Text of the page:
Same-sex marriage won't be included in anti-discrimination bill, lawmakers assured

BUHAY Party-list Representative Jose "Lito" Atienza on Tuesday, May 11, sought to prevent the legalization of same-sex marriage in the anti-discrimination bill being crafted in the House of Representatives.

Buhay Party-list Representative Jose "Lito" Atienza (Facebook)

At the hearing of the House Committee on Human Rights on the proposed "Comprehensive Anti-Discrimination Bill", Atienza inquired if the bill would "surreptitiously" allow same-sex marriage in the Philippines.

The panel was then discussing the denial of rights to employment as an act of discrimination to be prohibited and penalized if the bill is passed signed into law.

Under this provision, it shall be prohibited to "deny an application for or revoke a professional license issued by the government" on the basis of the protected attributes enumerated in the bill, which includes sex, gender, sexual orientation, gender identity and expression.

"Whether the whole portion is talking about employment or not, the issue that had been raised earlier and still now persisting in the minds of the people, is that the issue of licensing includes marriage licensing," Atienza said, even as his colleagues pointed out that the section was clear that only professional licenses were covered in the bill.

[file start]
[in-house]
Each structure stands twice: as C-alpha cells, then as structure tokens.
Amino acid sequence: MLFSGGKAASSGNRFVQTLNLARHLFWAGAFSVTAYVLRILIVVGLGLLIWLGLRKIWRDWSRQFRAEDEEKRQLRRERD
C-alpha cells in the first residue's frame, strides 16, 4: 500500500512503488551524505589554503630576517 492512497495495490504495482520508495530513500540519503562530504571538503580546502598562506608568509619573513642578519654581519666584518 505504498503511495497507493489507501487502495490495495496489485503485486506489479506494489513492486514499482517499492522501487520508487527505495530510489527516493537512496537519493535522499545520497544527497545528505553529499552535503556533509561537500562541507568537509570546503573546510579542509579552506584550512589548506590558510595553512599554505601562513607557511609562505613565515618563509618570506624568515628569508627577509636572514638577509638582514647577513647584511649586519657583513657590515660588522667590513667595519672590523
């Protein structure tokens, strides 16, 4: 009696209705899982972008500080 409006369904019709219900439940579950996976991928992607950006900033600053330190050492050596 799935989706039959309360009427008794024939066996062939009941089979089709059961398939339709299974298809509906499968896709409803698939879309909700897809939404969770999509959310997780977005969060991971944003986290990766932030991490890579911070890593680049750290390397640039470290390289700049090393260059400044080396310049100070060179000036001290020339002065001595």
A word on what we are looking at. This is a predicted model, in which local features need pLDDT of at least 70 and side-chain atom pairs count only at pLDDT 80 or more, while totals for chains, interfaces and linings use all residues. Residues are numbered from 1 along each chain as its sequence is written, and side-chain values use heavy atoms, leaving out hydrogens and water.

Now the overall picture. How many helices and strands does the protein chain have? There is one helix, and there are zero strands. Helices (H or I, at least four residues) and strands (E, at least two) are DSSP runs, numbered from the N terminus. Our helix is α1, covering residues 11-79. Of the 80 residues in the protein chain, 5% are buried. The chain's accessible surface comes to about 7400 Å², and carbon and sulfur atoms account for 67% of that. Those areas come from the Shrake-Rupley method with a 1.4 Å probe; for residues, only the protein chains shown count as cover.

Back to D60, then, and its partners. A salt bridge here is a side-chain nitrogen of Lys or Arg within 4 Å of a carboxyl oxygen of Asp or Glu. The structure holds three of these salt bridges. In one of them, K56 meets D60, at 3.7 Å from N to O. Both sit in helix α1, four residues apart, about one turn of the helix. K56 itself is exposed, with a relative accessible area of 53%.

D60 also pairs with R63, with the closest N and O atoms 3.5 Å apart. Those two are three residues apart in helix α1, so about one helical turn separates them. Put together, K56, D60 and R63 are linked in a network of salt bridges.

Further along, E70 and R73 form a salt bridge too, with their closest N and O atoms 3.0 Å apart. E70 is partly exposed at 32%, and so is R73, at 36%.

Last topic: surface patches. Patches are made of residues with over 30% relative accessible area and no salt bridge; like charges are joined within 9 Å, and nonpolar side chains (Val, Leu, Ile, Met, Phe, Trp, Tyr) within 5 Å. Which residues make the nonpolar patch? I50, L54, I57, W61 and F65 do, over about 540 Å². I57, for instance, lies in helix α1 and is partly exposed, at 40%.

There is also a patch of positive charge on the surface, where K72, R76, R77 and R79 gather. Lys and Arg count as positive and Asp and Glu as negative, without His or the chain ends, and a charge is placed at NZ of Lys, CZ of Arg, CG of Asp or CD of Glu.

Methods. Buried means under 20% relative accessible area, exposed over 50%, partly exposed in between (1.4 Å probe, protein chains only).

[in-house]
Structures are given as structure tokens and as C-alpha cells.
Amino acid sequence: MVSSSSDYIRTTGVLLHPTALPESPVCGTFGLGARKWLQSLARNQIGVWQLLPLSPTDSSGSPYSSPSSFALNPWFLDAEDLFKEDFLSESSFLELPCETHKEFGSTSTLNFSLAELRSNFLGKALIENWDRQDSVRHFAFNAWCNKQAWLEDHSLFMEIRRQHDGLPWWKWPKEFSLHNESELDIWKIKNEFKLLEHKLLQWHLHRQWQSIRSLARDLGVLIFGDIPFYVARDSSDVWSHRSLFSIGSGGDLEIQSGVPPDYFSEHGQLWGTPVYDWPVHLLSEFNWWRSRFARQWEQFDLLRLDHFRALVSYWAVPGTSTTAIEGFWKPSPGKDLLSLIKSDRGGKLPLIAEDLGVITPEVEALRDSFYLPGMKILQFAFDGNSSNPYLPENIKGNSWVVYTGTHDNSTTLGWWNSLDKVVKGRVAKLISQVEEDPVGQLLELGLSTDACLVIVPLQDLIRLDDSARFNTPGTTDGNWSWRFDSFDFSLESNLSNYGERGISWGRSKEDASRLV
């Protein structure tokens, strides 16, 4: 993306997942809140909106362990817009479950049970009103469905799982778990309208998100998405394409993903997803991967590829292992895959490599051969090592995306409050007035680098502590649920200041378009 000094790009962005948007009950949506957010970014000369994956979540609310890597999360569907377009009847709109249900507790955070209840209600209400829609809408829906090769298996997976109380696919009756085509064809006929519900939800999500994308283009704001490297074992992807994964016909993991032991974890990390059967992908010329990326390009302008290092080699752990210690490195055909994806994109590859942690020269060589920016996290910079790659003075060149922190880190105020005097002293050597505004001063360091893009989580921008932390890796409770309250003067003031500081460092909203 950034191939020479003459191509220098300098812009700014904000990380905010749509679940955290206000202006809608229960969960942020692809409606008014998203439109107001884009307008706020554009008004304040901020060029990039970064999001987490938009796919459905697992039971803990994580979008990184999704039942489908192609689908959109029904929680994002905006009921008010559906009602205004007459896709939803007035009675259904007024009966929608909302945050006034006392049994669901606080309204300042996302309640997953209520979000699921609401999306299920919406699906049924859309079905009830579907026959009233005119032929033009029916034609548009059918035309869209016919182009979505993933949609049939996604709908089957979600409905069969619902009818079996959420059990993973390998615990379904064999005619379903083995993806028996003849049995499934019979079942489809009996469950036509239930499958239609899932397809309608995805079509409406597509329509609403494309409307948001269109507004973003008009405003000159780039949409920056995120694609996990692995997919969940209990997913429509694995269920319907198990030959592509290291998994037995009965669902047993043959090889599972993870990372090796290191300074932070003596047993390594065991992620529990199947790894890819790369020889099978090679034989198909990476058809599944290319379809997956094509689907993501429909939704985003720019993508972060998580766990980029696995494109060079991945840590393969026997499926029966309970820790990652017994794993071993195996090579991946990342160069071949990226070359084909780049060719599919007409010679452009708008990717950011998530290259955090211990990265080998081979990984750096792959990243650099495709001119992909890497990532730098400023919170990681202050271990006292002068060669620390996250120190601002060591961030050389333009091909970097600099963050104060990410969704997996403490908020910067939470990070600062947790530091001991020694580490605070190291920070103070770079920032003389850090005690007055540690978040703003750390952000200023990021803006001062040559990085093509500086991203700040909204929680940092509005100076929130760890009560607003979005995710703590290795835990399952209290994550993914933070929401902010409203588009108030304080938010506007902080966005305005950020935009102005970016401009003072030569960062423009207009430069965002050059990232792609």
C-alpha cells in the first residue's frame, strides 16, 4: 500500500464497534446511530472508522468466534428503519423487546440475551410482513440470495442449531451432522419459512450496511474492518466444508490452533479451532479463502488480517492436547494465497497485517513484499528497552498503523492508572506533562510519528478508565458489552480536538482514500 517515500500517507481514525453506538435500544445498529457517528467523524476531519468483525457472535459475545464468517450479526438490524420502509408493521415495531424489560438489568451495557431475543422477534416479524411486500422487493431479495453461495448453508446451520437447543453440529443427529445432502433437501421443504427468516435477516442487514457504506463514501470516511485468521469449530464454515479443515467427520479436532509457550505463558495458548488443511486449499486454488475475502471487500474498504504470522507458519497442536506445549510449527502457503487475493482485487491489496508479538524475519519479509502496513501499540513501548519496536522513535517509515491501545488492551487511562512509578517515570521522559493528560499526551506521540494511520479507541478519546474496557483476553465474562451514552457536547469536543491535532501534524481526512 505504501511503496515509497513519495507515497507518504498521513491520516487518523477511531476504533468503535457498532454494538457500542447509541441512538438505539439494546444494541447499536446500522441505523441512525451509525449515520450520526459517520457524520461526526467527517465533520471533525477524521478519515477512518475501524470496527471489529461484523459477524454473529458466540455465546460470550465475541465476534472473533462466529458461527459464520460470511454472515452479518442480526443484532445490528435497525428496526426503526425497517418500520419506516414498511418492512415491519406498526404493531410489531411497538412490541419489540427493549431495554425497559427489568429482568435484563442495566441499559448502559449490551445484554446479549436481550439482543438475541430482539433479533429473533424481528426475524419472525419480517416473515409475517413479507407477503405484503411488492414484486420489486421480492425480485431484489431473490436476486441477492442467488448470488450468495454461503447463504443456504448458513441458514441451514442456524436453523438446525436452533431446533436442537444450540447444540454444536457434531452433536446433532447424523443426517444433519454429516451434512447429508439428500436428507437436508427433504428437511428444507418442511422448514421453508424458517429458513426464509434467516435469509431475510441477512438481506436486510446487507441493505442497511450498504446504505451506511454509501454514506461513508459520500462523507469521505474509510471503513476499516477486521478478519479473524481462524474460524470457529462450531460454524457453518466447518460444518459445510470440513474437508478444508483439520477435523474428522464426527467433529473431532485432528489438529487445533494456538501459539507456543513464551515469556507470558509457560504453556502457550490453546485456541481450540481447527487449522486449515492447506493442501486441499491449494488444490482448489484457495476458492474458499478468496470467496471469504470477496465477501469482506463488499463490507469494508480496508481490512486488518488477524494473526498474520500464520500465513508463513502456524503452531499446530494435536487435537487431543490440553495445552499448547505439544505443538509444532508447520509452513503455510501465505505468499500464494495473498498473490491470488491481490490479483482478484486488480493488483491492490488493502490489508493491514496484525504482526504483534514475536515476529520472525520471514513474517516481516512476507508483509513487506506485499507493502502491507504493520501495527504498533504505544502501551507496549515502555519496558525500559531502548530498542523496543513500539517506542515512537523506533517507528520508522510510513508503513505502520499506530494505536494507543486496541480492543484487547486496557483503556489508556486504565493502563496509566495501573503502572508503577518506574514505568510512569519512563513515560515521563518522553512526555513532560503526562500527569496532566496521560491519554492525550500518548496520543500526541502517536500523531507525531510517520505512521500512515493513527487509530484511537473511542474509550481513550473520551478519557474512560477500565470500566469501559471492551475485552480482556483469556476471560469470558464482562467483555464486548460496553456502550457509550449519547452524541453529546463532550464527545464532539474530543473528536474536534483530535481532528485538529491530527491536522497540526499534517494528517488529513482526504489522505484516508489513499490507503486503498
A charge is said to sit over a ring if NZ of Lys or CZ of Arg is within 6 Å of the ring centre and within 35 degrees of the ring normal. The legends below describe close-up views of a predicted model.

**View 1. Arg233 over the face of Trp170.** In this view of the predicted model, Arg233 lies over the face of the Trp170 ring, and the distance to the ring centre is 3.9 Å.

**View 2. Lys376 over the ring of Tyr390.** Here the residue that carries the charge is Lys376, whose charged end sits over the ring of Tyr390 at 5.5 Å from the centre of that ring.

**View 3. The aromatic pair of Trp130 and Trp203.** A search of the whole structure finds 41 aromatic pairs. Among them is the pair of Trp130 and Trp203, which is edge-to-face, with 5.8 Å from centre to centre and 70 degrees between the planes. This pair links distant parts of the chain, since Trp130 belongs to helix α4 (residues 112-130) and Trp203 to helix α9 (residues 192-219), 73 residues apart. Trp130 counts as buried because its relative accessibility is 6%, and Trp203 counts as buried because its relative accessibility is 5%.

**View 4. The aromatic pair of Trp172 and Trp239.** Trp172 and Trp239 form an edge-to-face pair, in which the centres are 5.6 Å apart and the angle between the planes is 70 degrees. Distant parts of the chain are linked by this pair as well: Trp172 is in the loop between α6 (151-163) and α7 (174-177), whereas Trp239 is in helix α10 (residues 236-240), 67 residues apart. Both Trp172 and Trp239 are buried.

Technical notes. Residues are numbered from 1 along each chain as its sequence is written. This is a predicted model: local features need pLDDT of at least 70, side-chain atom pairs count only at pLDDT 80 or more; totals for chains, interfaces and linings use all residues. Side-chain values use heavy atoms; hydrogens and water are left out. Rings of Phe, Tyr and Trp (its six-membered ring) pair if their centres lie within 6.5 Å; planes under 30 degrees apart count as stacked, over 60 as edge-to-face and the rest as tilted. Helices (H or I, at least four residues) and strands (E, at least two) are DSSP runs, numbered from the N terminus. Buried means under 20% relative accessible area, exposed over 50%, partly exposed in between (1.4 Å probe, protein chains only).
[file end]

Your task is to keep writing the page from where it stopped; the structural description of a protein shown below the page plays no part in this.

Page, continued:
He wanted to include the phrase "except a marriage license" to ensure that same-sex marriage will not be carried in the bill, raising the concern that "brilliant lawyers" can use the provision to defend the union of same-sex couples in court.

"We are preparing a law that we expect to last forever, and we are setting guidelines so that people in the future will not be misguided in using this phrase to again resuscitate or revive the issue of same-sex marriage as being legalized by any law coming from us," he added.

"Because mothers, women, wives can insist 'we are professionals, and our license is a professional license'. To prevent that, let's clarify already in this discussion the anticipated revival of the issue," he insisted.

"We should be careful because this could be misinterpreted or purposely misinterpreted by some people who are also extremist in their thinking that the right to marriage or non-marriage is inviolable," Atienza later said.

Bataan 1st District Representative Geraldine Roman, in response, assured Atienza that the bill will not push the legalization of same-sex marriage as it covers discrimination not only against sexual orientation, gender identity and expression, but also discrimination based on other attributes.

"I would like to assure our dear Deputy Speaker Lito Atienza that this does not pertain to marriage license, in fact, this only pertains to professional licenses," said Roman, the country's first transgender congresswoman and co-author of the bill.

While she did not oppose Atienza's proposal, Roman didn't think it would be proper to include the exemption of marriage licenses in provision meant for profession licenses and employment.

Committee chairman and Quezon City 4th District Rep. Jesus "Bong" Suntay suggested to instead insert the phrase "used for employment" to specify that licenses relating to employment will be covered in the bill.

Atienza, Roman and stakeholders agreed with the proposal.

The human rights panel has suspended deliberations on the Comprehensive Anti-Discrimination Bill.